Here I have this paragraph from Paul Bryn Davies which I have it displayed on the wall all the time and also, I keep extra copies so I can give it to the parents(if they ask) to read about the benefits of the games.

                Benefits of Using Games in the Classroom

In the article “The Role of Games in Mathematics” Bryn Davies summarizes the advantages of using games in the math classroom. (Davies, 1995)

  • Meaningful situations - The application of mathematical skills are created by games.
  • Motivation - Children freely choose to participate in games and enjoy playing.
  • Positive attitude - Games provide opportunities for building self-concept and developing positive attitudes towards mathematics, through reducing the fear of failure and error.
  • Increased learning - In comparison to more formal activities, greater learning can occur through games due to the increased interaction between children, opportunities to test intuitive ideas and problem solving strategies.
  • Different levels - Games can allow children to operate at different levels of thinking and to learn from each other. In a group of children playing a game, one child might be encountering a concept for the first time, another may be developing his/her understanding of the concept, a third consolidating previously learned concepts.
  • Assessment - Children's thinking often becomes apparent through the actions and decisions they make during a game, so the teacher has the opportunity to carry out diagnosis and assessment of learning in a non-threatening situation.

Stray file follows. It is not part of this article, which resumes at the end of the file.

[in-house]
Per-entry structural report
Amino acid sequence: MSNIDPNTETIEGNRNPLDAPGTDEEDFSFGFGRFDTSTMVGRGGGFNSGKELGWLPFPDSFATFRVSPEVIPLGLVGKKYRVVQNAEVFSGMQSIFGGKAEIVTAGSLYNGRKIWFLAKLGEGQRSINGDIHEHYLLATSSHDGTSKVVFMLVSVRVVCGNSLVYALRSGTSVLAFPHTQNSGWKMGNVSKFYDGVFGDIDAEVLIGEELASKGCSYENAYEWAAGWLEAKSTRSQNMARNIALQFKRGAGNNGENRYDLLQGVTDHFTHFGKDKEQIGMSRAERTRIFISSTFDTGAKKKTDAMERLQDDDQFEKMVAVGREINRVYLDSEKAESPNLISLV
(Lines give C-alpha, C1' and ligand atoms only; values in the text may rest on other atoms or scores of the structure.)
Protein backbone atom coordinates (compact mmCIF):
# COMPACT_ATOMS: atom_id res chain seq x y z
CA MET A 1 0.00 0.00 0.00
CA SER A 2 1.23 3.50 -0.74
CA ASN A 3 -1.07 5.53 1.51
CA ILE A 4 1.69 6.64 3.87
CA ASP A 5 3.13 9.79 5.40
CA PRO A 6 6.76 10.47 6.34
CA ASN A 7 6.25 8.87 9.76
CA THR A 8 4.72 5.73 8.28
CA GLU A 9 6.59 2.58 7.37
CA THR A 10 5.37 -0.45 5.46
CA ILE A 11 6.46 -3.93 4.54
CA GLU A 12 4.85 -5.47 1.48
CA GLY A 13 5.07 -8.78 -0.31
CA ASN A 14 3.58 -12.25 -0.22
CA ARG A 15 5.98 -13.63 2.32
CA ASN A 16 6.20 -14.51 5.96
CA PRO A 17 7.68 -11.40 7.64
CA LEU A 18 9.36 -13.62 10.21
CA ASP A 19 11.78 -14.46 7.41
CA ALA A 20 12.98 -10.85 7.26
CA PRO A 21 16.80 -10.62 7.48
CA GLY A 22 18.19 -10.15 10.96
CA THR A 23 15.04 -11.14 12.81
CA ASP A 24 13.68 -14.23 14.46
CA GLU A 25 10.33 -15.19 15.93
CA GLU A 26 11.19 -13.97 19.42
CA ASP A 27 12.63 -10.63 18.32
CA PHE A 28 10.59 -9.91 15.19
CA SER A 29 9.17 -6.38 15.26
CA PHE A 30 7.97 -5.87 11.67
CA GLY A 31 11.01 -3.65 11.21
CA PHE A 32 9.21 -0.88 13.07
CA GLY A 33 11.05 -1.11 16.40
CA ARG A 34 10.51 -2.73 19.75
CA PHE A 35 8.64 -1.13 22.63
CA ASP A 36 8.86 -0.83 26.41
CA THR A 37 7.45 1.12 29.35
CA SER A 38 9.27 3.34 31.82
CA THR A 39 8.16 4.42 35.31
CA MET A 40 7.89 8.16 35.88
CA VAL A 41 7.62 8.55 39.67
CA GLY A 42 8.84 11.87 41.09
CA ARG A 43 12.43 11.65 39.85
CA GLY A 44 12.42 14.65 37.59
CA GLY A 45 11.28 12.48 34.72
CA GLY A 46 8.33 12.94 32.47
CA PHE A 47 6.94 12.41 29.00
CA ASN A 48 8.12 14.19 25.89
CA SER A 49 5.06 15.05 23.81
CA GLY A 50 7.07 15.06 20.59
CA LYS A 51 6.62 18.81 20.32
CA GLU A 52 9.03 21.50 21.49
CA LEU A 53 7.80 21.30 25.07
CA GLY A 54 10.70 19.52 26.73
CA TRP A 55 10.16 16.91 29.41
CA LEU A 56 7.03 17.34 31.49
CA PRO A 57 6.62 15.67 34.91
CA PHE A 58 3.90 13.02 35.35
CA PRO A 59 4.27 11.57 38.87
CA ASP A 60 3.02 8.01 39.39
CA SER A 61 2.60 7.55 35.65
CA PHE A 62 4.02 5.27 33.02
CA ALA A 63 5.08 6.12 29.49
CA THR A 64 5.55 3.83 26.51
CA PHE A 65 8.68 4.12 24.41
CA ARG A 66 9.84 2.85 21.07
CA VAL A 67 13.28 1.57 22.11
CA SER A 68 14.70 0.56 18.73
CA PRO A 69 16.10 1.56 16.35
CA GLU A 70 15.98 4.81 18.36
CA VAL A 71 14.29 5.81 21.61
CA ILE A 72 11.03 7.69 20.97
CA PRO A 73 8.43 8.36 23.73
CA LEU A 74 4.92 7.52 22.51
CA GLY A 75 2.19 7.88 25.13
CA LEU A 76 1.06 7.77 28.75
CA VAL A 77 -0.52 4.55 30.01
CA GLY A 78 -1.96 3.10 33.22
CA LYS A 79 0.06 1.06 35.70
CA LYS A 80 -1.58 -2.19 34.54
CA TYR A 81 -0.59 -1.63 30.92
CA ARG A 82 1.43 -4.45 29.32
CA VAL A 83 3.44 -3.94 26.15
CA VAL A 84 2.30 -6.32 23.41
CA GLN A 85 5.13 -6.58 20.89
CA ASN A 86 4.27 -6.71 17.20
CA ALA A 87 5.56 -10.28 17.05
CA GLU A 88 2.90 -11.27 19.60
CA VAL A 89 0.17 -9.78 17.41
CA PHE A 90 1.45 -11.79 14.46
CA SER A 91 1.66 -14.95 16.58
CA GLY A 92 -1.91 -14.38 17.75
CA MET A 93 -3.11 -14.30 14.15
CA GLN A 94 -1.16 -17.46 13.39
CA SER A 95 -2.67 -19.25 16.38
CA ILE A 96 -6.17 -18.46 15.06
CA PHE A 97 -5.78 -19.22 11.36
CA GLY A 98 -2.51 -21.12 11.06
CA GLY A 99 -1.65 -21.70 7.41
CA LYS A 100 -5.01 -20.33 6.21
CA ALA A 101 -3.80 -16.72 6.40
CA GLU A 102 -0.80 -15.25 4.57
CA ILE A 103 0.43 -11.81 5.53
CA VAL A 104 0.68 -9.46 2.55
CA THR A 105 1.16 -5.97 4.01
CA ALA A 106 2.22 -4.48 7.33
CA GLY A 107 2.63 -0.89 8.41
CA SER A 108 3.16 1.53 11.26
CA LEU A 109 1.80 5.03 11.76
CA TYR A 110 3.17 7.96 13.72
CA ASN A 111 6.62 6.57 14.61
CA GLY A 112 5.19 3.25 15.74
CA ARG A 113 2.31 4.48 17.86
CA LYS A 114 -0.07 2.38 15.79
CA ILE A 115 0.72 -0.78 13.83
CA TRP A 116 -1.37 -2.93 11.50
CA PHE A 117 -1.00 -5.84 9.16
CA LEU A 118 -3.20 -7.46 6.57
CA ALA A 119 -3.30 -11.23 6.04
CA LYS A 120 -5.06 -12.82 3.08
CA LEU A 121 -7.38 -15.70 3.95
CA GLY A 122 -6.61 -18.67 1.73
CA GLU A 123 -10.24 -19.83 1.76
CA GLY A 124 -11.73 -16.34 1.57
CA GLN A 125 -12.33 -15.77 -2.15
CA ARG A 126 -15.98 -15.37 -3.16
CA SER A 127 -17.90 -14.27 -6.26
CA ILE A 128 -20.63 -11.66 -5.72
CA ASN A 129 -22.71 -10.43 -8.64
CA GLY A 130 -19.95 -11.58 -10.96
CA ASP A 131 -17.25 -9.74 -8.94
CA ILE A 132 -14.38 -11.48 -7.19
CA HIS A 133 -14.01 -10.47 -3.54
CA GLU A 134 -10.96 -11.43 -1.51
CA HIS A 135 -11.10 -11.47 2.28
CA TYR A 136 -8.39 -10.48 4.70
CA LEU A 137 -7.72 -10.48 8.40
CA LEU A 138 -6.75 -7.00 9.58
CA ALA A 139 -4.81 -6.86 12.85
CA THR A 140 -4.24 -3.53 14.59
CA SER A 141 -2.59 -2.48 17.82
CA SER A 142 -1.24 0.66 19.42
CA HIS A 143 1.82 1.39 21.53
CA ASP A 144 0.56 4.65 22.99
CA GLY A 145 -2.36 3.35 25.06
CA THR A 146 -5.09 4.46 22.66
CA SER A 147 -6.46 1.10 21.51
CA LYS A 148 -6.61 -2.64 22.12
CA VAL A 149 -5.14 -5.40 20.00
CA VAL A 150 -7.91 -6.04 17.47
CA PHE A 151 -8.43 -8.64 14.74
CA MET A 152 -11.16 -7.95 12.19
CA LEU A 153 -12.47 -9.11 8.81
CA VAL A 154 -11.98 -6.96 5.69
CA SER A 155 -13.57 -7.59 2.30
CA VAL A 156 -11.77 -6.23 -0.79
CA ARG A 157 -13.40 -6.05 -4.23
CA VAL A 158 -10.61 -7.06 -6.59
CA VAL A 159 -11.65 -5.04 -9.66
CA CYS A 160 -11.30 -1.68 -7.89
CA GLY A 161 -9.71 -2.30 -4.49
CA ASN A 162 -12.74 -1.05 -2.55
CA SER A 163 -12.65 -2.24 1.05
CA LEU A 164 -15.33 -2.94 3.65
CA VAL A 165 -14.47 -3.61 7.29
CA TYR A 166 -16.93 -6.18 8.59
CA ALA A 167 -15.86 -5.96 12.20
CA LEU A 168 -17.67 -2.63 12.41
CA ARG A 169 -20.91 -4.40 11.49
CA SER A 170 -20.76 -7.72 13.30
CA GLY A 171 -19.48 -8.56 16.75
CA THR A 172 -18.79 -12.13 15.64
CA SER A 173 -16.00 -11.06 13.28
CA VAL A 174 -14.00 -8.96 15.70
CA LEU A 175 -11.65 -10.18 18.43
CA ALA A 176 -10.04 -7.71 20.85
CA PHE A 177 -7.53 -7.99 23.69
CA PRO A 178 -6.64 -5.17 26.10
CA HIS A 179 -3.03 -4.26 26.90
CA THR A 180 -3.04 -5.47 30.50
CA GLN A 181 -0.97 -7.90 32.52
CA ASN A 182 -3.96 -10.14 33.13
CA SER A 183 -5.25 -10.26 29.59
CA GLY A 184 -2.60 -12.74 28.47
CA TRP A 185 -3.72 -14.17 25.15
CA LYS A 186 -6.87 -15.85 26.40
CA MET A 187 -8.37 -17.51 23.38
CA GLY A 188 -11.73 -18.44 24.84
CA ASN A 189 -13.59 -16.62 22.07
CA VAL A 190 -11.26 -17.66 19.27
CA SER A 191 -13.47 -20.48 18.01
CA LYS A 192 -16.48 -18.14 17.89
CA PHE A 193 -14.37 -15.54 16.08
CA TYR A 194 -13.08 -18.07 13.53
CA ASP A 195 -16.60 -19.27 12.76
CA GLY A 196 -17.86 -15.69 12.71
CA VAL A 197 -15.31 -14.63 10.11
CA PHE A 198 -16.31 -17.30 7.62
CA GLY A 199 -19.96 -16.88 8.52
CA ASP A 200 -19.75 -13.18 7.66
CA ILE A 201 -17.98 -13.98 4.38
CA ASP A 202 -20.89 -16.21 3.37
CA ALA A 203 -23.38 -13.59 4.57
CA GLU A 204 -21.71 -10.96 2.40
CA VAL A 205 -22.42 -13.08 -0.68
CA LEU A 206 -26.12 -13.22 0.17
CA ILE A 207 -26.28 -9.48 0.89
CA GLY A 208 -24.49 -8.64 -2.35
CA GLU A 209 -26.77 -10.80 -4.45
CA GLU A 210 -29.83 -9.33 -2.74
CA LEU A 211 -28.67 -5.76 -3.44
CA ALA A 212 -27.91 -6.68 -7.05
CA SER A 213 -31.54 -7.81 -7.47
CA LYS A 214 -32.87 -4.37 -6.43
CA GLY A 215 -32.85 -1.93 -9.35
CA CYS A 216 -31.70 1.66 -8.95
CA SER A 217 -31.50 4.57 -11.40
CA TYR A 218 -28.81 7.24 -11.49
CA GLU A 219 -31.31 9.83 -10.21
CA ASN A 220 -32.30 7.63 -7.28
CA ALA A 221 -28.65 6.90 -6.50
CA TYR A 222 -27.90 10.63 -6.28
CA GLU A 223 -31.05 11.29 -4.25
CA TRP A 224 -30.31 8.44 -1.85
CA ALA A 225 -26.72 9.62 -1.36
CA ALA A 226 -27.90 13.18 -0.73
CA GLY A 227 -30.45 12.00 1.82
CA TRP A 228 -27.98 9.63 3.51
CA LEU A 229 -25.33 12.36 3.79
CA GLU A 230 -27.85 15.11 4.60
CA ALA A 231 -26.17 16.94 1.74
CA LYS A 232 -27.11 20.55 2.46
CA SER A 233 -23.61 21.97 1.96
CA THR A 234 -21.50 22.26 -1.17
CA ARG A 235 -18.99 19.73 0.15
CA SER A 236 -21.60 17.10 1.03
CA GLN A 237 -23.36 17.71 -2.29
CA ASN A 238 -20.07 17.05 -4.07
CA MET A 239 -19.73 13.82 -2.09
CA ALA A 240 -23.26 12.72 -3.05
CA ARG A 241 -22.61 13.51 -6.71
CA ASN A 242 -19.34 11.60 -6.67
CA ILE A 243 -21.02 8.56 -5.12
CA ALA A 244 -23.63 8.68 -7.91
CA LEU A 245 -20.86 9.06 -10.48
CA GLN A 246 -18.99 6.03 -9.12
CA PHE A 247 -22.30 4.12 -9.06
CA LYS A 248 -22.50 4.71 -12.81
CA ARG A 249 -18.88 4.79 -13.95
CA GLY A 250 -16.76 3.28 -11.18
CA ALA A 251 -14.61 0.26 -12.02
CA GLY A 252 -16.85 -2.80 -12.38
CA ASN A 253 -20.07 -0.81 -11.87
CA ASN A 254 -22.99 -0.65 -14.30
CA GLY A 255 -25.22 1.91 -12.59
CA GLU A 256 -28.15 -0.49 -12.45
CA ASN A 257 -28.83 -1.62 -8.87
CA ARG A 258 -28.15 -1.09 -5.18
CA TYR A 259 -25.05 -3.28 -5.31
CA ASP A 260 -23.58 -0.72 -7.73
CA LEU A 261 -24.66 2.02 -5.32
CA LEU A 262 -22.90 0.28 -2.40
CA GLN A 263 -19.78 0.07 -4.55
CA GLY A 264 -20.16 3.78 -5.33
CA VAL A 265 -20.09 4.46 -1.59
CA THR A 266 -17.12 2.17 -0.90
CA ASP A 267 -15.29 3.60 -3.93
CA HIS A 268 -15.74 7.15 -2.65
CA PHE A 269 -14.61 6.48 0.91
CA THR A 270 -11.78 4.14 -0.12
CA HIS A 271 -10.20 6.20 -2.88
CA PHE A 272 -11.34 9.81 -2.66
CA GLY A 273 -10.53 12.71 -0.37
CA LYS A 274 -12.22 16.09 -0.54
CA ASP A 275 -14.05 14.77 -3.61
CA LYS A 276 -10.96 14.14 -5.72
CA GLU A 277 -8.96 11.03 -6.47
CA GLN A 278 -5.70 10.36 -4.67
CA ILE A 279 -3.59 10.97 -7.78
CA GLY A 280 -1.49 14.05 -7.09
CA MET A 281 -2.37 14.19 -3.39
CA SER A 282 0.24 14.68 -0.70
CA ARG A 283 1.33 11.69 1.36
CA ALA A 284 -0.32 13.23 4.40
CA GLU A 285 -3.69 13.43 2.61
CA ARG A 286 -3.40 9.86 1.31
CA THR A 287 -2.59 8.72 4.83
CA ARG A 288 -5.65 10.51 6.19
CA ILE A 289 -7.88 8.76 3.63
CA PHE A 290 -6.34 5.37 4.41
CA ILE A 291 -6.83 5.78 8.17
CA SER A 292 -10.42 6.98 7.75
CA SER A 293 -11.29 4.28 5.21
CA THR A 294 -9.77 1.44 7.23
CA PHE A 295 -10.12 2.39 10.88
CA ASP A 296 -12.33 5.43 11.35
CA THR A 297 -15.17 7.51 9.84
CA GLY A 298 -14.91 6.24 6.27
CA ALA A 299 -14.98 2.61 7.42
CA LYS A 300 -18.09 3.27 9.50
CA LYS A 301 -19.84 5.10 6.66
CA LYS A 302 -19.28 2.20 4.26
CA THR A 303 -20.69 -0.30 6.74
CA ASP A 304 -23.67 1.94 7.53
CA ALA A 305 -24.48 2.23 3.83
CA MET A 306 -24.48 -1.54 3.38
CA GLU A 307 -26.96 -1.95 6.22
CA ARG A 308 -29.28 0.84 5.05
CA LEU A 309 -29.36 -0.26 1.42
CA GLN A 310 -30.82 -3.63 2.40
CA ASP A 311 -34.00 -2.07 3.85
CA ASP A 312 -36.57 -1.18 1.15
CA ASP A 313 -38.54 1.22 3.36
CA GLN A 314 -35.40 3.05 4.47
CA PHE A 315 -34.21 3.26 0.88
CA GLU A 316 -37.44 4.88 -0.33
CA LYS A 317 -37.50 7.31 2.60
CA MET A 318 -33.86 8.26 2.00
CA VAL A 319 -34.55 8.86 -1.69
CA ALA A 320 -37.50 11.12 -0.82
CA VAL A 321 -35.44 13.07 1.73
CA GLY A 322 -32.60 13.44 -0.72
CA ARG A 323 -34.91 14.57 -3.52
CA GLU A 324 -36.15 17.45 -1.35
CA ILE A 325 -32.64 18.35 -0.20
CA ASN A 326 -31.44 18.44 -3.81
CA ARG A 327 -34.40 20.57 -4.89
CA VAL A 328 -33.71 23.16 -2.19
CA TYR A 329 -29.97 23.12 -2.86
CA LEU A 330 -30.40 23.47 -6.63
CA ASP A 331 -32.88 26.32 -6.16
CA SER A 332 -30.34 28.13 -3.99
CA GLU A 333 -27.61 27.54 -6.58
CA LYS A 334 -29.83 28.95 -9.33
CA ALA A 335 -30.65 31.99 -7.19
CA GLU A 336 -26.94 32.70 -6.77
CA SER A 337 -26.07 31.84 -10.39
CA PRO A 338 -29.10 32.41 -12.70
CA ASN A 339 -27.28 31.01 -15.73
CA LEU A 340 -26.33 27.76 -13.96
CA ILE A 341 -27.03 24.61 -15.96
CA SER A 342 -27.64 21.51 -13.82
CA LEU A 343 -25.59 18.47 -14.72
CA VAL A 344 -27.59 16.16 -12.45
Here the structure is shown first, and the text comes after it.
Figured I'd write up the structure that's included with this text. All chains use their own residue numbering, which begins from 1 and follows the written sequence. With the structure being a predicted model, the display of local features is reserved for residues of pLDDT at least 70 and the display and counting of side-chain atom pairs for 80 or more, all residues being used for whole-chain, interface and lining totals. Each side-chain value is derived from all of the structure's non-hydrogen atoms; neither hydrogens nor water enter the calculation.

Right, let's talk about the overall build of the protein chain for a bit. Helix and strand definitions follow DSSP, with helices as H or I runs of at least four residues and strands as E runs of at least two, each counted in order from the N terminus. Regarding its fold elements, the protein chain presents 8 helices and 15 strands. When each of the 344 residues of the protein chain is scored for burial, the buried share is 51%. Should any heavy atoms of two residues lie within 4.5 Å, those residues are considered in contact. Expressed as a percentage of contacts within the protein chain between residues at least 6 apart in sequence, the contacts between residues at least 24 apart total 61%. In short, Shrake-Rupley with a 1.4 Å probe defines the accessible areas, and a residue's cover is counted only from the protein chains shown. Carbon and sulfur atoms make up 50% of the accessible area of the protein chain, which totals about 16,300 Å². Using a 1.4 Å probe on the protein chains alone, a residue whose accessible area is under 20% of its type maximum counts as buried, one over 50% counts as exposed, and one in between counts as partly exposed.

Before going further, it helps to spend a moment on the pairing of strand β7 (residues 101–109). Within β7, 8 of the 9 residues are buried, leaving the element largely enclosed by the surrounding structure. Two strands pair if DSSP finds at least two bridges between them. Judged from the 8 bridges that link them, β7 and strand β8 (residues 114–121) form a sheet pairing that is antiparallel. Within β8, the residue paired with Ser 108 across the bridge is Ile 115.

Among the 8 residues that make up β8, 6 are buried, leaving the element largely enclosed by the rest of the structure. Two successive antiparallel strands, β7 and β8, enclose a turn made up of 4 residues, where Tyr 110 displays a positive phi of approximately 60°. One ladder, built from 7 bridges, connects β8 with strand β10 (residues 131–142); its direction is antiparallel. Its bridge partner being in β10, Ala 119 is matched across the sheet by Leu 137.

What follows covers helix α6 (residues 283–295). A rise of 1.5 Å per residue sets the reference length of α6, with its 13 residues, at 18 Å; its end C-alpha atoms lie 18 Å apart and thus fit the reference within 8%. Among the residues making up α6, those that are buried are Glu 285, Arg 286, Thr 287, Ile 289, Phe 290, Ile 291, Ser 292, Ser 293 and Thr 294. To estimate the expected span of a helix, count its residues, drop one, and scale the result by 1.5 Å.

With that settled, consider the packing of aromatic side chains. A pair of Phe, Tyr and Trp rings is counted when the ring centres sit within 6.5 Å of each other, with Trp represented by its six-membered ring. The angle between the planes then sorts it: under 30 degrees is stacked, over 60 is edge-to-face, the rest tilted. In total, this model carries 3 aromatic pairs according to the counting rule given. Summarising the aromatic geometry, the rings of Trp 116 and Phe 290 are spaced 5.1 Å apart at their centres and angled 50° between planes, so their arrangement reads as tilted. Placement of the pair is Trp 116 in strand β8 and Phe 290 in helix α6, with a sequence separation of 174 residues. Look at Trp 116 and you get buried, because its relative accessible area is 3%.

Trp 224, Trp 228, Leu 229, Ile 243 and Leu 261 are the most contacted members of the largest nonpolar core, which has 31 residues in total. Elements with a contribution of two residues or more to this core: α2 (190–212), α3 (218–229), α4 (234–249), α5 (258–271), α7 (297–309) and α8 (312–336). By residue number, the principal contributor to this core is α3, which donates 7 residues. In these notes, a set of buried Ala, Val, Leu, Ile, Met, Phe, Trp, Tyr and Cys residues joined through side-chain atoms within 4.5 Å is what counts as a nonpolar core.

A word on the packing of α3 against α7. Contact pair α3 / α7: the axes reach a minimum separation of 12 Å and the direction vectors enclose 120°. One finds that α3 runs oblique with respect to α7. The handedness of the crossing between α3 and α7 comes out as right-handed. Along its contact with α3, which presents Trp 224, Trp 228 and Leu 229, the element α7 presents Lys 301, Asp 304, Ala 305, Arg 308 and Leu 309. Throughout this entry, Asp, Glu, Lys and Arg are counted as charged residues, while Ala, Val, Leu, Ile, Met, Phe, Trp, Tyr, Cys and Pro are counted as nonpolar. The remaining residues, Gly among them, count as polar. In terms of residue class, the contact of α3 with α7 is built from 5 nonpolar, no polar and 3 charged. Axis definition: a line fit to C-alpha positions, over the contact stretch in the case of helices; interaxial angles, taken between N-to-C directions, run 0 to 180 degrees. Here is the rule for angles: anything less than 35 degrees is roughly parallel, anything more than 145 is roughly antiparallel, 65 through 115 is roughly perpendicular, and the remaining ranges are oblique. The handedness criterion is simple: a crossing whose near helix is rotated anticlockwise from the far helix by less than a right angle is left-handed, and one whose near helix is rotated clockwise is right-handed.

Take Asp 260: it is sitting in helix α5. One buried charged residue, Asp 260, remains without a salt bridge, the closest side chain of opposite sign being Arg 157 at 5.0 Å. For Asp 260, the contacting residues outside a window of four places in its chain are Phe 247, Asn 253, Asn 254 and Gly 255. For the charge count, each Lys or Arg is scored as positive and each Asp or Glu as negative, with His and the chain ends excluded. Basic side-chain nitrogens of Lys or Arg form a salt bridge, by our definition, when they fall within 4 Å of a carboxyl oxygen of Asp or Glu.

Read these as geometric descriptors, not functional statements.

• Home and school - Games provide 'hands-on' interactive tasks for both school and home.
  • Independence - Children can work independently of the teacher. The rules of the game and the children's motivation usually keep them on task.
  • Few language barriers - an additional benefit becomes evident when children from non-English-speaking backgrounds are involved. The basic structures of some games are common to many cultures, and the procedures of simple games can be quickly learned through observation. Children who are reluctant to participate in other mathematical activities because of language barriers will often join in a game, and so gain access to the mathematical learning as well as engage in structured social interaction.
So, let's play because I love math board games, too!



  1. I think games are a great way to "sneak" learning into a fun activity that kids enjoy. As a parent, I try to incorporate learning as much as I can in every activity I do with the kids. My four year old daughter likes to play with the game Connect4. She does not play according to the rules, instead she creates patterns on the board with the black and red pieces. Is she having fun? yes! Is she learning something? Yes! Does it matter (at the age of 4) that she is not playing the conventional way? No. She is being creative and developing her own strategy, both valuable lessons themselves. Teachers and parents alike need to look at what students are interested in doing and find the learning opportunity in it rather than force students to learn in a way that doesn't appeal to them in the slightest. As for the con of games being too competitive, the truth is that for adults life is competitive; you compete for jobs, promotions. Kids need to learn this at some point. Isn't a fun game a good way to do it?